15 Jul 2011
Hadn’t exactly occurred to me before Alyssa Rosenberg wrote this post espousing the virtues of the unbelievably tripped out Jim Shooter Dazzler treatment that’s been floating around the internets all week, but in addition to being Baz Luhrmann on peyote and maybe some crystal meth insane (but in a good way) the aforementioned treatment-approach solves both the most origin stories are just rather boring problem with comic book adaptations … And the how comic books are at their core ridiculously incestuous while films aren’t, because rights sales aren’t problem with comic adaptations.
To properly adapt any book like say Alias (Jessica Jones) or of course Dazzler to the screen Marvel would need to make use of the backdrop of their “expanding lattice of movies.” In Dazzler’s case it would be absolutely essential because her whole “wants to be a disco dancing singer not a superhero” thing as a metaphor for every young fool who dreams of being to be an artist rather than a suit wearing-whatever-professional (which would clearly be impossible to convey within the boundaries of a filmed universe where she’s the only heroic super-being). That “within the backdrop” approach would also be necessary because the basic template of a classic Dazzler story goes something like: Your basic blond square jawed macho male superhero pops into Dazzler’s life and makes one two or three rather ham-fisted attempt to impress-seduce her. A real live supervillian shows up and beats said would be-wannabe Alison Blaire paramour into to a rather seriously unconscious pulp. Whereupon Alison steps up to save him, usually but not always herself and often the day or even the world by kicking said naughty supervillian’s round ass square.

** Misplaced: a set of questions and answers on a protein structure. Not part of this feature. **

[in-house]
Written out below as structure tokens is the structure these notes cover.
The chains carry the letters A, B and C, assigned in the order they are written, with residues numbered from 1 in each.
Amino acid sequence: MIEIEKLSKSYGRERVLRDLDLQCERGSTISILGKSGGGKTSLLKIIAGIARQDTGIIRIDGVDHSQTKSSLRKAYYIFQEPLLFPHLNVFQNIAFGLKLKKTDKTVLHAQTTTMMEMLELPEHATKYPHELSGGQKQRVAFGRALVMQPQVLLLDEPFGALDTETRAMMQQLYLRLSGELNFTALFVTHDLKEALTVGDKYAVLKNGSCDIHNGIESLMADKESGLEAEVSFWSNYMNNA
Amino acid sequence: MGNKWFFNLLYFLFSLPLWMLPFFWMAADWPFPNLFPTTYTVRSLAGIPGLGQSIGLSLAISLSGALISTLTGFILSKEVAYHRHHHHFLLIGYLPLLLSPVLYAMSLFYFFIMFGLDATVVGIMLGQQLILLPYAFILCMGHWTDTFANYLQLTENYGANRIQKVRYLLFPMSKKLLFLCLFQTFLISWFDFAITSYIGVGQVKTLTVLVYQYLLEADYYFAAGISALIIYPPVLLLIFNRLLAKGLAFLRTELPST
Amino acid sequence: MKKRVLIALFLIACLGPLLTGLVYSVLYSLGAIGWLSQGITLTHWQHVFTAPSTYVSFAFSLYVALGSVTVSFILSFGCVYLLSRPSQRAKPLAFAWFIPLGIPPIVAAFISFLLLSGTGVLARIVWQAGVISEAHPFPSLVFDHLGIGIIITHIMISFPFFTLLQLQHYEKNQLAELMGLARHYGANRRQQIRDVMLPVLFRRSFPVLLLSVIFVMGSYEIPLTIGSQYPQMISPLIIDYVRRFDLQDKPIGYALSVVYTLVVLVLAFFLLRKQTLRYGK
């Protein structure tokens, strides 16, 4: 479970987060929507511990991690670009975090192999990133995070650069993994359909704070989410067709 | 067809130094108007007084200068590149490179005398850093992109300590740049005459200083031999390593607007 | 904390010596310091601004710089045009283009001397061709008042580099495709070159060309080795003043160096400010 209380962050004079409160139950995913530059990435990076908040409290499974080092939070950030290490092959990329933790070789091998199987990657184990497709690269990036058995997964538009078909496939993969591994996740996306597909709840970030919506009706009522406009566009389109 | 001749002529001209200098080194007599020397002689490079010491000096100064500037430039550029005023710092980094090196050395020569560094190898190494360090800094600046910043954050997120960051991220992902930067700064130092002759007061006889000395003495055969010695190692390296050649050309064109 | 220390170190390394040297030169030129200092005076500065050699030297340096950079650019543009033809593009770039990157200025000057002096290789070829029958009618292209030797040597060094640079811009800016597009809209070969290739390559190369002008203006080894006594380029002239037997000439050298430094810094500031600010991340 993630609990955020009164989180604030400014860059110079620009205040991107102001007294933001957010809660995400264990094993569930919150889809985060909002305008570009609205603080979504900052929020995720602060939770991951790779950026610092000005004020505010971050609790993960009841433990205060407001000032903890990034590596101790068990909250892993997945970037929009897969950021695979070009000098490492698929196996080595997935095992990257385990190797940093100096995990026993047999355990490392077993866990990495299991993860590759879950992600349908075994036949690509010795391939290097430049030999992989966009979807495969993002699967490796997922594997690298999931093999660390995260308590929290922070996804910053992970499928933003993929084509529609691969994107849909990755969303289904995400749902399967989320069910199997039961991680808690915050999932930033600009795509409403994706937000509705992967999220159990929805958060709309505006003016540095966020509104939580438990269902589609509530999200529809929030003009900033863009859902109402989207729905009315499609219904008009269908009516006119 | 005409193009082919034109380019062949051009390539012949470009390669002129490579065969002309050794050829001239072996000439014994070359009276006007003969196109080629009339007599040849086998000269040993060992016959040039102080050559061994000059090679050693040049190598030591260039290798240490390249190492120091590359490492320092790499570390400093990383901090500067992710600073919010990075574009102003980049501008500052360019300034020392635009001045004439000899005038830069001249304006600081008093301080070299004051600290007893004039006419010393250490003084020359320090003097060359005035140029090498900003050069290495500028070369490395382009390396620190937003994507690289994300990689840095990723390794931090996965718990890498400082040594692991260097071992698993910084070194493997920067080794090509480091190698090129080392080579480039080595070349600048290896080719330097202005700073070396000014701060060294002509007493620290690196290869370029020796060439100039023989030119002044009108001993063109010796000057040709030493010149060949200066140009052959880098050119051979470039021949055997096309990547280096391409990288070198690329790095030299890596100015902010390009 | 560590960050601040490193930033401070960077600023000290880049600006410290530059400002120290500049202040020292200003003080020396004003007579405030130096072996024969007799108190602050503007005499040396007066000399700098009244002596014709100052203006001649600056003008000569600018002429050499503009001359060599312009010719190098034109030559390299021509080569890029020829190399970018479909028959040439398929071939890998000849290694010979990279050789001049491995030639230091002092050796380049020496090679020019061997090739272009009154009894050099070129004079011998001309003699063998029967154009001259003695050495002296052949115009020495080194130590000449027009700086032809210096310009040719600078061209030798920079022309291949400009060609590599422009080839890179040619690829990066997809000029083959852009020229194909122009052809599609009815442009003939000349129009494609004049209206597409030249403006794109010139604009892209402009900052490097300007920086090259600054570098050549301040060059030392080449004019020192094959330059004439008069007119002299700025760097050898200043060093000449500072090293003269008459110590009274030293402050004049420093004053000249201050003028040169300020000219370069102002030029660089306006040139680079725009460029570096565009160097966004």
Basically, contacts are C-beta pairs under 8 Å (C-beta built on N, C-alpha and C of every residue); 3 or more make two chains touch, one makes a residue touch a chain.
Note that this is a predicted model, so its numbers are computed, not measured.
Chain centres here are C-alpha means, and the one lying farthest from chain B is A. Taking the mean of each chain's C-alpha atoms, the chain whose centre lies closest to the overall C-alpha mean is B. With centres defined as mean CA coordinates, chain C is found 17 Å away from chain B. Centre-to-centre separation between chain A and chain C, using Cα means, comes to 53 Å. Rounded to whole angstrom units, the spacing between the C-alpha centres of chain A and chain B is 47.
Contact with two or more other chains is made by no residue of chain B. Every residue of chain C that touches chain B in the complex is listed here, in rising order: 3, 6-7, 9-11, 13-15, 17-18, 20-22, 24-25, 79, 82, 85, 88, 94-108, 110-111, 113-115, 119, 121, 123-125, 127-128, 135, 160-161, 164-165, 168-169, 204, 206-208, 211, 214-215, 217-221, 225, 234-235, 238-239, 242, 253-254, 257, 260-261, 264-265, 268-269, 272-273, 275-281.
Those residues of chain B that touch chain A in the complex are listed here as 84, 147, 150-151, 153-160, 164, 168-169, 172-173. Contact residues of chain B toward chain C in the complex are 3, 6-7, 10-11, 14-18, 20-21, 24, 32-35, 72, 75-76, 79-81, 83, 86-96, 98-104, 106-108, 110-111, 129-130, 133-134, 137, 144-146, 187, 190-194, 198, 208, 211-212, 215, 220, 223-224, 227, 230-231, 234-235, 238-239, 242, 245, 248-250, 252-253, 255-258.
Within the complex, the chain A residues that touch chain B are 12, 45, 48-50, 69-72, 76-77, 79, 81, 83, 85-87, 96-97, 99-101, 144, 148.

Once again, the only way to retain that element – the thing that makes Dazzler almost unique in comicdom and a character well worth pointing cameras and screenwriters toward – would be to set any adaptation in Marvel’s shared film universe (and in a cameo rich pre Saturday Night Fever 70’s disco scene that showcases perfect for it Kristen Bell … please).